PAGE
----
• Bypass surgery: In this technique, the doctor takes a healthy blood vessel from your leg or chest, and uses the vessel to go around the blocked section. 
  • Endarterectomy: Endarterectomy is a technique in which a doctor goes into the arteries to remove plaque and restore the flow of blood in the arteries. 
  • Fibrinolytic therapy: In this method, a doctor puts a drug that dissolves a blood clot that’s blocking your artery.
What Is Alzheimer's Disease - Basics, Symptoms, Causes, Cure, Stages

What Is Alzheimer’s Disease: Basics, Symptoms, Causes, Cure, Stages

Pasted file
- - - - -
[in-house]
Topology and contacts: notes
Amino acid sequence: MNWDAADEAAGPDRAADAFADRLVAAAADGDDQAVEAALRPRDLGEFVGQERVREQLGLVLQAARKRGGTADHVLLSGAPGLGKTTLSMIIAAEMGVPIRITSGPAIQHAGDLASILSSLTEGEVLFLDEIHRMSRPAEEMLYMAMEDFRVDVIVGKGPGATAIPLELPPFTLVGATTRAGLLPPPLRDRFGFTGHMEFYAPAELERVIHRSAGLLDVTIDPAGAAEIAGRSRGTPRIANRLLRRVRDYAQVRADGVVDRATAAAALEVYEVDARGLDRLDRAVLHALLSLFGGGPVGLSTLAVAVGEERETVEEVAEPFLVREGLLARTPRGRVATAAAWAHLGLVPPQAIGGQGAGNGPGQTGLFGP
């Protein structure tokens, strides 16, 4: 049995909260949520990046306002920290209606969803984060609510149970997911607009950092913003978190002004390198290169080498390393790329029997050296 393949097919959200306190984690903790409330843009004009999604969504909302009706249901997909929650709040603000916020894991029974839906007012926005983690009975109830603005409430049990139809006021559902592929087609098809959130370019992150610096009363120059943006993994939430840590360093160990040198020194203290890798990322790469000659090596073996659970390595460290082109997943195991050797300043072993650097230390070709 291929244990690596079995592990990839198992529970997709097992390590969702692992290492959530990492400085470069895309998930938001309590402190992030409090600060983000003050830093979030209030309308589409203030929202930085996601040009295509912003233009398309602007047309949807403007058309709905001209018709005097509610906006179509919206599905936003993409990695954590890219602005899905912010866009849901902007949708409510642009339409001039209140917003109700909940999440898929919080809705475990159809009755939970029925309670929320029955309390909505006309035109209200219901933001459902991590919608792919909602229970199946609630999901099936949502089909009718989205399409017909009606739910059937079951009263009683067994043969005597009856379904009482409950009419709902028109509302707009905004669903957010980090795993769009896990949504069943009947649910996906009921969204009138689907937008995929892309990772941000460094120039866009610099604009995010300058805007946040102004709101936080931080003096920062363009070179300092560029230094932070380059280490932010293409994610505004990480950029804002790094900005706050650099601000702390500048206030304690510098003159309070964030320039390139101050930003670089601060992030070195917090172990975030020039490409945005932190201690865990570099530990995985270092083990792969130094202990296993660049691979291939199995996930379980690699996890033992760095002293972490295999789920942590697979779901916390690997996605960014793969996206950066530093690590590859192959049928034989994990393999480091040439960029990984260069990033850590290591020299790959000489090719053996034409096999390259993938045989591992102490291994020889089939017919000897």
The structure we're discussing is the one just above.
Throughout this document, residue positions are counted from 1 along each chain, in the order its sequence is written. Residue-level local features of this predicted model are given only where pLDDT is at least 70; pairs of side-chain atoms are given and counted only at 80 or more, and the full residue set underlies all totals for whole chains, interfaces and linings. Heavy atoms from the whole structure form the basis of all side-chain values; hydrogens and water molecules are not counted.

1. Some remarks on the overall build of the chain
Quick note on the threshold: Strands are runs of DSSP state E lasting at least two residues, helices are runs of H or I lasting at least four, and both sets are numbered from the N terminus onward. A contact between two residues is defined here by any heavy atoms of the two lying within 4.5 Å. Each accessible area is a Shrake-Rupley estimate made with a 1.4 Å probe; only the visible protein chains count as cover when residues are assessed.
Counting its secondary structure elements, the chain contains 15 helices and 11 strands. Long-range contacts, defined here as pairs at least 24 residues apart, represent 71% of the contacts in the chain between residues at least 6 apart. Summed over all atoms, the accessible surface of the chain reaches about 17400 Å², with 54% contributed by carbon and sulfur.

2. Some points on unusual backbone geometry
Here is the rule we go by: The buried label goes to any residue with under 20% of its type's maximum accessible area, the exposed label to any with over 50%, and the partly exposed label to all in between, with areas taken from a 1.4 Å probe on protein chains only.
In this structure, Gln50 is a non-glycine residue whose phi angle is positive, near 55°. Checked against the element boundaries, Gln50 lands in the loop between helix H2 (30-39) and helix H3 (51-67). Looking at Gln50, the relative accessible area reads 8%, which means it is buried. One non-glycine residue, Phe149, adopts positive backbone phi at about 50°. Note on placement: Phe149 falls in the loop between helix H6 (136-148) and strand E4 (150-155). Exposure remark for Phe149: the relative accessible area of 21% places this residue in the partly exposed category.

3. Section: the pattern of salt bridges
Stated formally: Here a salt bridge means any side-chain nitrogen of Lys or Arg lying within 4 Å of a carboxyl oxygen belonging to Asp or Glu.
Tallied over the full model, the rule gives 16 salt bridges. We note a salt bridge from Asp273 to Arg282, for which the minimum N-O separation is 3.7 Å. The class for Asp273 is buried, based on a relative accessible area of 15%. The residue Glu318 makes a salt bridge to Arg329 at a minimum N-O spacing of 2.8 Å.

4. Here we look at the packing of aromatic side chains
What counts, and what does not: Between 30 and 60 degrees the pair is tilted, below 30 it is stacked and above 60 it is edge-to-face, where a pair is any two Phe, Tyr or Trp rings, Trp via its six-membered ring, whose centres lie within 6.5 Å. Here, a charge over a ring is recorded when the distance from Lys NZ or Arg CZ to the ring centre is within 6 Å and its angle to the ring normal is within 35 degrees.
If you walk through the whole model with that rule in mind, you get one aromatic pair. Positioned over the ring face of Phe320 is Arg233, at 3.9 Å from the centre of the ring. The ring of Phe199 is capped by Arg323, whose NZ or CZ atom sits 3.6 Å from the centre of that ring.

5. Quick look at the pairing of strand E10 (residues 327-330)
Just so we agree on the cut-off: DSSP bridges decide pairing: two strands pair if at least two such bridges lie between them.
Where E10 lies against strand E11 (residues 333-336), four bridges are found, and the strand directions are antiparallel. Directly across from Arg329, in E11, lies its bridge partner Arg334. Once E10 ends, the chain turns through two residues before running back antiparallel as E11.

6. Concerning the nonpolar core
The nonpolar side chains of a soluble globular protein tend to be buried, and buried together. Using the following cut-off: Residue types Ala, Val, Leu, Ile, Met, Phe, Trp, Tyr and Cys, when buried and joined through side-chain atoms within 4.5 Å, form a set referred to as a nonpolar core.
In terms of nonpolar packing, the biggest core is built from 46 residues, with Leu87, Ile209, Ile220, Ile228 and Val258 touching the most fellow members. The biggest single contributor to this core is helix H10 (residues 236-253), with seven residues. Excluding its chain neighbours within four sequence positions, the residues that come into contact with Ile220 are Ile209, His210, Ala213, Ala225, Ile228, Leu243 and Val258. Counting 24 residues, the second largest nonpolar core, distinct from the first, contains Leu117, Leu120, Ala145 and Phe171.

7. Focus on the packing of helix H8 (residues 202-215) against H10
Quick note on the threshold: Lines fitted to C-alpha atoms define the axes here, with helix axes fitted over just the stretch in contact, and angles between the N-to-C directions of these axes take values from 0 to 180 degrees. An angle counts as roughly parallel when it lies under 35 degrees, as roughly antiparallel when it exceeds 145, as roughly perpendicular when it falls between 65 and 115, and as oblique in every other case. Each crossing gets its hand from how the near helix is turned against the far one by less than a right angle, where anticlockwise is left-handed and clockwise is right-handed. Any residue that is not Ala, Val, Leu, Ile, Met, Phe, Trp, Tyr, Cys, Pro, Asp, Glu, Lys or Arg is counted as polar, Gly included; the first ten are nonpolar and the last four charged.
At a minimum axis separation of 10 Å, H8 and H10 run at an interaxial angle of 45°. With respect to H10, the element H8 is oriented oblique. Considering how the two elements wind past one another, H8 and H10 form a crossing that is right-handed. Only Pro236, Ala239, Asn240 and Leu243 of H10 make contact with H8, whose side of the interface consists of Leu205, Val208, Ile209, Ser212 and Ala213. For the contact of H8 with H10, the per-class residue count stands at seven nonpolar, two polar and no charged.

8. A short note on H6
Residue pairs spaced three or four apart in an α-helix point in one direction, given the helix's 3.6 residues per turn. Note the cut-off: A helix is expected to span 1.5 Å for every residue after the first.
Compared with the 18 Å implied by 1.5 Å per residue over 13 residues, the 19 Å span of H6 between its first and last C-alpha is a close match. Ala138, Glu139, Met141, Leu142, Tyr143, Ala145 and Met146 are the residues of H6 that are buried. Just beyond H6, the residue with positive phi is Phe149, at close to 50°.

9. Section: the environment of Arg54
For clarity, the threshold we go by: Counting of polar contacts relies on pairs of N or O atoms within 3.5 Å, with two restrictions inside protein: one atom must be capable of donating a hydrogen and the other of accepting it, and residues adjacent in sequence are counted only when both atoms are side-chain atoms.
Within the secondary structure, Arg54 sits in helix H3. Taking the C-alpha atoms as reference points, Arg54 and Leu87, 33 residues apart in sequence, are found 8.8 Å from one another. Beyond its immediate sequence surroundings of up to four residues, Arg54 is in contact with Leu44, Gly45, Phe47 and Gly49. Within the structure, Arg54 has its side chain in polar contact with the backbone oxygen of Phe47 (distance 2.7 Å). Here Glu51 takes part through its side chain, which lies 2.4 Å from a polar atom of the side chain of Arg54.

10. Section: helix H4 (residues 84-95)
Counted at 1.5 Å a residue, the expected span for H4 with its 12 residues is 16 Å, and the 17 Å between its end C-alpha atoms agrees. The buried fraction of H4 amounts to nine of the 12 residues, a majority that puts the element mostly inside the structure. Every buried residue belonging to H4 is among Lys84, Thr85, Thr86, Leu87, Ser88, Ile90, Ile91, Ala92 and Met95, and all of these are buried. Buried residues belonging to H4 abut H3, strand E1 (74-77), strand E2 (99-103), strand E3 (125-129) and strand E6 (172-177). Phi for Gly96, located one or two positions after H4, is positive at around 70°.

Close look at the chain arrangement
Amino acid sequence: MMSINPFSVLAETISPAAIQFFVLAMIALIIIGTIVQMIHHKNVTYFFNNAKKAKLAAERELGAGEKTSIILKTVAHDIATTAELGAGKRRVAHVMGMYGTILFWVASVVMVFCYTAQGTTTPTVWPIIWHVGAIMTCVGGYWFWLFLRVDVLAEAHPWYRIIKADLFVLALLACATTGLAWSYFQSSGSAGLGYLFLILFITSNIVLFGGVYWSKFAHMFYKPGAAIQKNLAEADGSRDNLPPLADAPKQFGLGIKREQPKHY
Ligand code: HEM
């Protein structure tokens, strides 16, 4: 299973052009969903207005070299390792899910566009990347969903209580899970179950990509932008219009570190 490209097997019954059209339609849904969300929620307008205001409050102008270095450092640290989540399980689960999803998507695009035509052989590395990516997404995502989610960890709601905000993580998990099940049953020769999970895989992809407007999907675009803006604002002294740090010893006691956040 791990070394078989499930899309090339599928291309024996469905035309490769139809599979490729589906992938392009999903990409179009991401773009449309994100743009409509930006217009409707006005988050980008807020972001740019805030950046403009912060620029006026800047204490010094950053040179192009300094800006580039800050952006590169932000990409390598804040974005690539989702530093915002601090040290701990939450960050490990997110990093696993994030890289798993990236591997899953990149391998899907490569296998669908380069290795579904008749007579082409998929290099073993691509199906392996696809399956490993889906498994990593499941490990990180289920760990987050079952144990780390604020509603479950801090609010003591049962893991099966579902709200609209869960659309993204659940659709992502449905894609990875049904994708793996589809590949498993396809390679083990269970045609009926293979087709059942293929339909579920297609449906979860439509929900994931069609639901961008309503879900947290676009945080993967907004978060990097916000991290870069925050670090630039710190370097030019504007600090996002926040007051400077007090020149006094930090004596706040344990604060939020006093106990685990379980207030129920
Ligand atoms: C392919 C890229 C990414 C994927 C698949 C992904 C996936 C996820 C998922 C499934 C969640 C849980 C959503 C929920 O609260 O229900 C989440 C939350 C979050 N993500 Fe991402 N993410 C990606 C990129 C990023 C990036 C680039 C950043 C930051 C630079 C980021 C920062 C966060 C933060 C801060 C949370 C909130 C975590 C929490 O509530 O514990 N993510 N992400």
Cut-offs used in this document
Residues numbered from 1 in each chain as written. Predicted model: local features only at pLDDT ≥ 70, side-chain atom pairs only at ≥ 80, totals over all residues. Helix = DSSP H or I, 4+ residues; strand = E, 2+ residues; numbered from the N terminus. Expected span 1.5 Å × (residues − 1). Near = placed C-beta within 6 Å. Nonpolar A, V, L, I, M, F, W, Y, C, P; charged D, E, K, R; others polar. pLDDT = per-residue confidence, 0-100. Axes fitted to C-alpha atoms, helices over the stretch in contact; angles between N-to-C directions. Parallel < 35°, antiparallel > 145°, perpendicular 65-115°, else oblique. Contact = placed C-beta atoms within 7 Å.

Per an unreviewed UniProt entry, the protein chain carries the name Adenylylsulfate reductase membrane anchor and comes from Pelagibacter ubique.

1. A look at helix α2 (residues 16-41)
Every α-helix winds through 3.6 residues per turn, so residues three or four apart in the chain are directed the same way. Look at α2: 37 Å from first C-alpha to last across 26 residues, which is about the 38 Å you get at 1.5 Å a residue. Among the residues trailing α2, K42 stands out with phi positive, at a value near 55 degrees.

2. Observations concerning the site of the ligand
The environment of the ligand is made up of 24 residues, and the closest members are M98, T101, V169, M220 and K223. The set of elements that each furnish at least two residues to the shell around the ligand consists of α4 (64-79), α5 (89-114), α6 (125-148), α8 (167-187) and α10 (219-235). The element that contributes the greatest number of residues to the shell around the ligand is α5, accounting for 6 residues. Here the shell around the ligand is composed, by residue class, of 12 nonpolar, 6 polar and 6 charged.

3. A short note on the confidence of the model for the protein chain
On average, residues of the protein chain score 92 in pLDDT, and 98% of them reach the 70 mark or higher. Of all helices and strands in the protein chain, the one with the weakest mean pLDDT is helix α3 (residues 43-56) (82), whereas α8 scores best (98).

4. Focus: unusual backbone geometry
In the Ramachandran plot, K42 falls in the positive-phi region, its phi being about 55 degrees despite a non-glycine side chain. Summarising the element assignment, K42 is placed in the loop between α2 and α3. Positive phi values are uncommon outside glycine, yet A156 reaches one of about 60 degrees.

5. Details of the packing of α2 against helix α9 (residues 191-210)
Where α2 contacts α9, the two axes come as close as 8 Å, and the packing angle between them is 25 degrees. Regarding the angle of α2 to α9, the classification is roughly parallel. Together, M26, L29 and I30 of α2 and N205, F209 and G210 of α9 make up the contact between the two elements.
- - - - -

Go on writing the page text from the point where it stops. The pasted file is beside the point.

No disease is a good disease, you should treat them before it gets complicated. Alzheimer’s is a progressive dementia disease.

Dementia is a complex term used for the symptoms of mental decline that interfere with a person’s daily life. It is not a part of normal aging. It is a memory loss disease that gets worse over time. Let’s understand it in detail. 

What is Alzheimer’s Disease? 

Alzheimer’s disease is a progressive neurodegenerative condition. It’s one of the foremost common kinds of dementia in older people, basically means a group of symptoms that cause a decline in mental function severe enough to disrupt lifestyle.

Alzheimer’s disease can create problems with a person’s memory and skill to learn, reason, make judgments, communicate and perform daily activities.

It was first identified in 1907 by the German physician Alois Alzheimer, the illness afflicts about 5 million Americans. An estimated one in 9 adults aged 65 and older lives with the disease.